i/(1-i) + i/(1+i) = i(1+i)/(1-i)(1+i) + i(1-i)/(1+i)(1-i)

Opening the brackets yields:

i/(1-i) + i/(1+i) = (i + i^2)/(1 - i^2) + (i - i^2)/(1 - i^2)

Using the complex number theory yields:

i/(1-i) + i/(1+i) = (i - 1)/2 + (i + 1)/2 => i/(1-i) + i/(1+i) = (i - 1 + i + 1)/2

Reducing like terms in the brackets yields:

i/(1-i) + i/(1+i) = 2i/2 => i/(1-i) + i/(1+i) = i** i/(1-i) + i/(1+i) = i**

We have to find the value of i/(1-i) + i/(1+i)

i/(1-i) + i/(1+i)

=> [i(i + 1) + i(1 - i)](1 + i)(1 - i)

=> [i^2 + i + i - i^2]/(1 - i^2)

=> [2i ]/2

=> i

**The required sum is i**

To calculate the sum of 2 complex quotients that do not have a common denominator we'll have to calculate the LCD(least common denominator) of the 2 fractions.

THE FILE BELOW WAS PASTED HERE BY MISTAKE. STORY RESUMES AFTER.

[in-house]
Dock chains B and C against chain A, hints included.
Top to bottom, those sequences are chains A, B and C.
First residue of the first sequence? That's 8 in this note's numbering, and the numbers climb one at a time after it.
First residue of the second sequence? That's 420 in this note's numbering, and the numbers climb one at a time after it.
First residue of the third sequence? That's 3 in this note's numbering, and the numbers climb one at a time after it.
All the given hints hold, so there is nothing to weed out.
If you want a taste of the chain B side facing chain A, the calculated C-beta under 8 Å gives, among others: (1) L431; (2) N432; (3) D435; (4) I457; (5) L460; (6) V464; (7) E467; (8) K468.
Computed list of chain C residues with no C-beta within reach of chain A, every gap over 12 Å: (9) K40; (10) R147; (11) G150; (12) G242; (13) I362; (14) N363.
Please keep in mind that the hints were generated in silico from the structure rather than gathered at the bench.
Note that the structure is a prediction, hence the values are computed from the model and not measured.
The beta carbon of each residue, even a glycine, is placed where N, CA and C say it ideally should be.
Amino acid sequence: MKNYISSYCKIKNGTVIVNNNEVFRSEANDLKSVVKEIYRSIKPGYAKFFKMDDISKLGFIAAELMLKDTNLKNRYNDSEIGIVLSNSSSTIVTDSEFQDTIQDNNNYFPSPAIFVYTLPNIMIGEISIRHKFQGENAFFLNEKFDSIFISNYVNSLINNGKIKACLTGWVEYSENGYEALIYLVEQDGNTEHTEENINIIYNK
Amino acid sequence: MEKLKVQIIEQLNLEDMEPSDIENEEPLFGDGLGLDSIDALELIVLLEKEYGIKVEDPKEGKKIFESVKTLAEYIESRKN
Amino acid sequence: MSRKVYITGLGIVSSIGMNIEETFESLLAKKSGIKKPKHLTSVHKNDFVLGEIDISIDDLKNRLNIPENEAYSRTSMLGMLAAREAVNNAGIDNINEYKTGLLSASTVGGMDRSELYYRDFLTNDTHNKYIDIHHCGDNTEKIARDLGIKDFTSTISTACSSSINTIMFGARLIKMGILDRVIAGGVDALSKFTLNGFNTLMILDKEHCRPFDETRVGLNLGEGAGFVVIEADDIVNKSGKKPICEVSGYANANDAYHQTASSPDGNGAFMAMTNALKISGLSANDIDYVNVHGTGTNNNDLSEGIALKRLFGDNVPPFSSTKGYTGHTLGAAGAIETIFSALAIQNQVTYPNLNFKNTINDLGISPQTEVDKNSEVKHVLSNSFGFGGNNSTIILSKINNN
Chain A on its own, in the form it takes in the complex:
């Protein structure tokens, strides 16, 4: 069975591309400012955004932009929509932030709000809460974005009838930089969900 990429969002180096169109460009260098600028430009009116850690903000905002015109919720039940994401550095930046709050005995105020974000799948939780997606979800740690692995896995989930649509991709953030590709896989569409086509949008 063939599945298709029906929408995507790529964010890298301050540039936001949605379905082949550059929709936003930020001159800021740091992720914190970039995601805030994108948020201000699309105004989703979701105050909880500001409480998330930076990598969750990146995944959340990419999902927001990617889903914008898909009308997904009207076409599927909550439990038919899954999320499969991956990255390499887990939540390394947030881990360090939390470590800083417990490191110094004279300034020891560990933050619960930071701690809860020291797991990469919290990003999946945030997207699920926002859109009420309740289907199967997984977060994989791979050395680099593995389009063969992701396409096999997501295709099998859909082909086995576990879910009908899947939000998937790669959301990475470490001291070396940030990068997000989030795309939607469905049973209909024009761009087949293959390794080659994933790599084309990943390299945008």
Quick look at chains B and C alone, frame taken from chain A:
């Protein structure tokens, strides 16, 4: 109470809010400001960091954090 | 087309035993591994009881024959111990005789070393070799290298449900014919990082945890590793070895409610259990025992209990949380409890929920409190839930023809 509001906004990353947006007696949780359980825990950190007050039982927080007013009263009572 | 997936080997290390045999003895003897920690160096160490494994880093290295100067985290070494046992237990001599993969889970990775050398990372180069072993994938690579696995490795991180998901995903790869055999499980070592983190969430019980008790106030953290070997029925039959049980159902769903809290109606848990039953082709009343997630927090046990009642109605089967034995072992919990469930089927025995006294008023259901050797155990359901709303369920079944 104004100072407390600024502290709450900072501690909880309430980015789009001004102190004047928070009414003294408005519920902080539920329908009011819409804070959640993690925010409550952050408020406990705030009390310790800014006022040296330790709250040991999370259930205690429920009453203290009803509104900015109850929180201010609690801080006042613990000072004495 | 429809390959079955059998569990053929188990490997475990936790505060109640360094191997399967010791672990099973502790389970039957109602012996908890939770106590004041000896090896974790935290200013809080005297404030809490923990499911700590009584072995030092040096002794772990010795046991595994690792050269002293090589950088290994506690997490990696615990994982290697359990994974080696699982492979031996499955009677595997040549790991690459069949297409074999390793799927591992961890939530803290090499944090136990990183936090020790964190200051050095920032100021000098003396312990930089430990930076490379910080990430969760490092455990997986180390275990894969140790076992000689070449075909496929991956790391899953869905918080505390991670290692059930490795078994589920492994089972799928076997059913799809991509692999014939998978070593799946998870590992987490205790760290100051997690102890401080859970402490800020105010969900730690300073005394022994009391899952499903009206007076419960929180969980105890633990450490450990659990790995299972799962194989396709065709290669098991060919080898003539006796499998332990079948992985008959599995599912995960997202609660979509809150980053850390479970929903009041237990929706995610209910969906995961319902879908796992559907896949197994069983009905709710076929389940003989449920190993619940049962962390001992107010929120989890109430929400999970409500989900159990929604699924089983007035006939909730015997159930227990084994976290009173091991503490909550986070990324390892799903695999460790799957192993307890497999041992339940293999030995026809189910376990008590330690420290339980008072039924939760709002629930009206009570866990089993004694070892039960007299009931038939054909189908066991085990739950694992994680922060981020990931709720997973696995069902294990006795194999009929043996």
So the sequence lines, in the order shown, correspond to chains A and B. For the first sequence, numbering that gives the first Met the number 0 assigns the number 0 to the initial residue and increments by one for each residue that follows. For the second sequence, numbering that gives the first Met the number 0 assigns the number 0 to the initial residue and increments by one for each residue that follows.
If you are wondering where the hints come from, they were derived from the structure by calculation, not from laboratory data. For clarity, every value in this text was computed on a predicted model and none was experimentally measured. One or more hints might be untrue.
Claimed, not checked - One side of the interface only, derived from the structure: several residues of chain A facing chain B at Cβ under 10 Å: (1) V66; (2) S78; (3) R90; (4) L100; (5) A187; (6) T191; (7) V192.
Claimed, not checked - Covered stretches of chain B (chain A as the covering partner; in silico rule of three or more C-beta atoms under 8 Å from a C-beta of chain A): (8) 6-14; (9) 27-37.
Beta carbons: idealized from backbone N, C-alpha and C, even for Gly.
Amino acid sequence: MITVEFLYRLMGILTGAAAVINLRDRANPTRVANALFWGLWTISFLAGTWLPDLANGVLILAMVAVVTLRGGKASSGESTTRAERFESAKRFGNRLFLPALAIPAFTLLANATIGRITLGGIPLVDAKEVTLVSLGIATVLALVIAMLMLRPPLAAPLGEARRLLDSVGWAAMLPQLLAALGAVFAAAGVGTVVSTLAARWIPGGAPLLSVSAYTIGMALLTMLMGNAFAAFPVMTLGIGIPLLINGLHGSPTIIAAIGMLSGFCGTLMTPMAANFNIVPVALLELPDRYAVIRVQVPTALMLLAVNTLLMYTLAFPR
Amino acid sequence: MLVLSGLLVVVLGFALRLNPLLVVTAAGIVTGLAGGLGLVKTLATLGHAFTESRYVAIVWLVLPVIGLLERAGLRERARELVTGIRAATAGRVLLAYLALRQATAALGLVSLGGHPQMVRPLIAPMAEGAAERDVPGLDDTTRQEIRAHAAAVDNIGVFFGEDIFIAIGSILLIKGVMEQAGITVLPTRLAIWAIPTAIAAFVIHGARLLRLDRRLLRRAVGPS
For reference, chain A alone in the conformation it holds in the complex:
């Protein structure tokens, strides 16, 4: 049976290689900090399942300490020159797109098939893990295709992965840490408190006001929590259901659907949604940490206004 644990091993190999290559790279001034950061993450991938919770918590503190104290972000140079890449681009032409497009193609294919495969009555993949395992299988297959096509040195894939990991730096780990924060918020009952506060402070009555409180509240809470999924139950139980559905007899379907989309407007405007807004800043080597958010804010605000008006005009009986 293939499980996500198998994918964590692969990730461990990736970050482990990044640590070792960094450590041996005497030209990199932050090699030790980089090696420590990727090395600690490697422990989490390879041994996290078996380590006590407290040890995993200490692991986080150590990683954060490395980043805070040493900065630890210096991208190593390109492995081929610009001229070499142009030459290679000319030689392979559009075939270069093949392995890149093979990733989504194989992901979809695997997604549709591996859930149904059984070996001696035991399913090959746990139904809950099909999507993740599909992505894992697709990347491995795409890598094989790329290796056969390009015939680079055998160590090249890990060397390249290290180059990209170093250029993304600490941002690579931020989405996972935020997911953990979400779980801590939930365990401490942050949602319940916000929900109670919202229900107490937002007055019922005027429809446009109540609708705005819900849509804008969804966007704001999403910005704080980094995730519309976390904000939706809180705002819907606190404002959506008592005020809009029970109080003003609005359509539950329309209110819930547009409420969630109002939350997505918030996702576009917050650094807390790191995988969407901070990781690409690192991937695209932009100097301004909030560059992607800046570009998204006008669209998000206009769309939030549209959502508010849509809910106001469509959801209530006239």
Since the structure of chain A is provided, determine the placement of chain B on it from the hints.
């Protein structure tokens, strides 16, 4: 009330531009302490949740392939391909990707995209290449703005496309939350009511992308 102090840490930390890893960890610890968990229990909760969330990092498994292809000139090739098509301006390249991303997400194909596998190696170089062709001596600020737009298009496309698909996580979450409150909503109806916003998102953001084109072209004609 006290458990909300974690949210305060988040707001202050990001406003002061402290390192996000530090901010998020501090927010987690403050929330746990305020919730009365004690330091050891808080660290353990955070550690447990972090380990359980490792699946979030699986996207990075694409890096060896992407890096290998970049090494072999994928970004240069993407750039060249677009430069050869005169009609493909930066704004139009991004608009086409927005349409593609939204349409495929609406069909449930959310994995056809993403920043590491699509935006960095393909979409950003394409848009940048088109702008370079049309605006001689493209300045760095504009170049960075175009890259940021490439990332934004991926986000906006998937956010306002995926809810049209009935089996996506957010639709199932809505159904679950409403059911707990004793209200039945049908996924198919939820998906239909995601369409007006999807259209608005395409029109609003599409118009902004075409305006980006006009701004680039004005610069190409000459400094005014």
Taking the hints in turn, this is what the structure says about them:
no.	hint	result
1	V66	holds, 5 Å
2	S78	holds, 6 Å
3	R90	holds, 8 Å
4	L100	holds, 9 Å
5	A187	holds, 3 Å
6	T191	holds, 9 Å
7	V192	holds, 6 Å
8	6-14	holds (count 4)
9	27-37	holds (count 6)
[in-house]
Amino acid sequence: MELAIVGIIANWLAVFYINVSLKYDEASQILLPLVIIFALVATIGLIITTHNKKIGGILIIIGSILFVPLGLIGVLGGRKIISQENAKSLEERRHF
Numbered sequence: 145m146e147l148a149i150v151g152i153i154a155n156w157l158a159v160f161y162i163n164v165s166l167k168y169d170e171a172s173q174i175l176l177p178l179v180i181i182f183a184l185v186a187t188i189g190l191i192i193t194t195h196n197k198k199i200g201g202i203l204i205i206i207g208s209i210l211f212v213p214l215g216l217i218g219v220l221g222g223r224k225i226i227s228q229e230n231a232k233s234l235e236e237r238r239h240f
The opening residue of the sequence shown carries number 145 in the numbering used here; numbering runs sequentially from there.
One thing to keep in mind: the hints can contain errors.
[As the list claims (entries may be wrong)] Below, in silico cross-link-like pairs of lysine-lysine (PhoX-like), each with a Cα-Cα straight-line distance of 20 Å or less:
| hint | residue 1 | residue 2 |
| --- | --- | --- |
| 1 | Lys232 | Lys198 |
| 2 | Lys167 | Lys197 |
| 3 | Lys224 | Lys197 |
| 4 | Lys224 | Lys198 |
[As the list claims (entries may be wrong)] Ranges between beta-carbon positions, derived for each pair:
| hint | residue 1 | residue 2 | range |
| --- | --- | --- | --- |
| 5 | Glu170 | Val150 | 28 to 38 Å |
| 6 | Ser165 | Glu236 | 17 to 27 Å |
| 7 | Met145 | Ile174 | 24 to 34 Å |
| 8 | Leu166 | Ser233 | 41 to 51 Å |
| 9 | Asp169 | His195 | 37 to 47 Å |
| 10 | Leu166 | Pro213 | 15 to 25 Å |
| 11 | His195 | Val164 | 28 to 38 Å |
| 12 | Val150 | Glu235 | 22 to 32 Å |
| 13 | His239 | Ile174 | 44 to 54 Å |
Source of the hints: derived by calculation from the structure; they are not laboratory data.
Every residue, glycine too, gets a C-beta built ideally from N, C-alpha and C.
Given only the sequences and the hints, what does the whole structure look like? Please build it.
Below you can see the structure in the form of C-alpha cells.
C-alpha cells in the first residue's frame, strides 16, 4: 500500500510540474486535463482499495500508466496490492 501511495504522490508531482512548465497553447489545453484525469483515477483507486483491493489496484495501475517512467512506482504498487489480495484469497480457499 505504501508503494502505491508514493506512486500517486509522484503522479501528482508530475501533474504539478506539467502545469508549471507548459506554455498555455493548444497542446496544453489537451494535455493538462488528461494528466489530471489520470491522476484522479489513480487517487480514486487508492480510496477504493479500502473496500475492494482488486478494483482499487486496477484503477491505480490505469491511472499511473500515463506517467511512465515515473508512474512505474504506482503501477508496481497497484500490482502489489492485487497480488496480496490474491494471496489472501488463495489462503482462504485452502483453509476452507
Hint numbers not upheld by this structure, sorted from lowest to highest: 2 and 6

We notice that LCD = (1+i)(1-i)

We notice also that the product (1+i)(1-i) is the result of the difference of squares

(a-b)(a+b) = a^2 - b^2

We'll write instead of product the difference of squares, where a = 1 and b = i.

LCD = (1+i)(1-i)

LCD = 1^2 - i^2

We'll write instead of i^2 = -1

LCD = 1 - (-1)

LCD = 2

Now, we'll multiply the first ratio by (1-i) and the second ratio by (1+i):

i(1-i)/2 + i(1+i)/ 2

We'll remove the brackets:

(i - i^2 + i + i^2)/2

We'll eliminate like terms:

2i/2

We'll simplify:

i(1-i)/2 + i(1+i)/ 2 = i

The result of the sum of 2 quotients is a complex number, whose real part is 0 and imaginary part is 1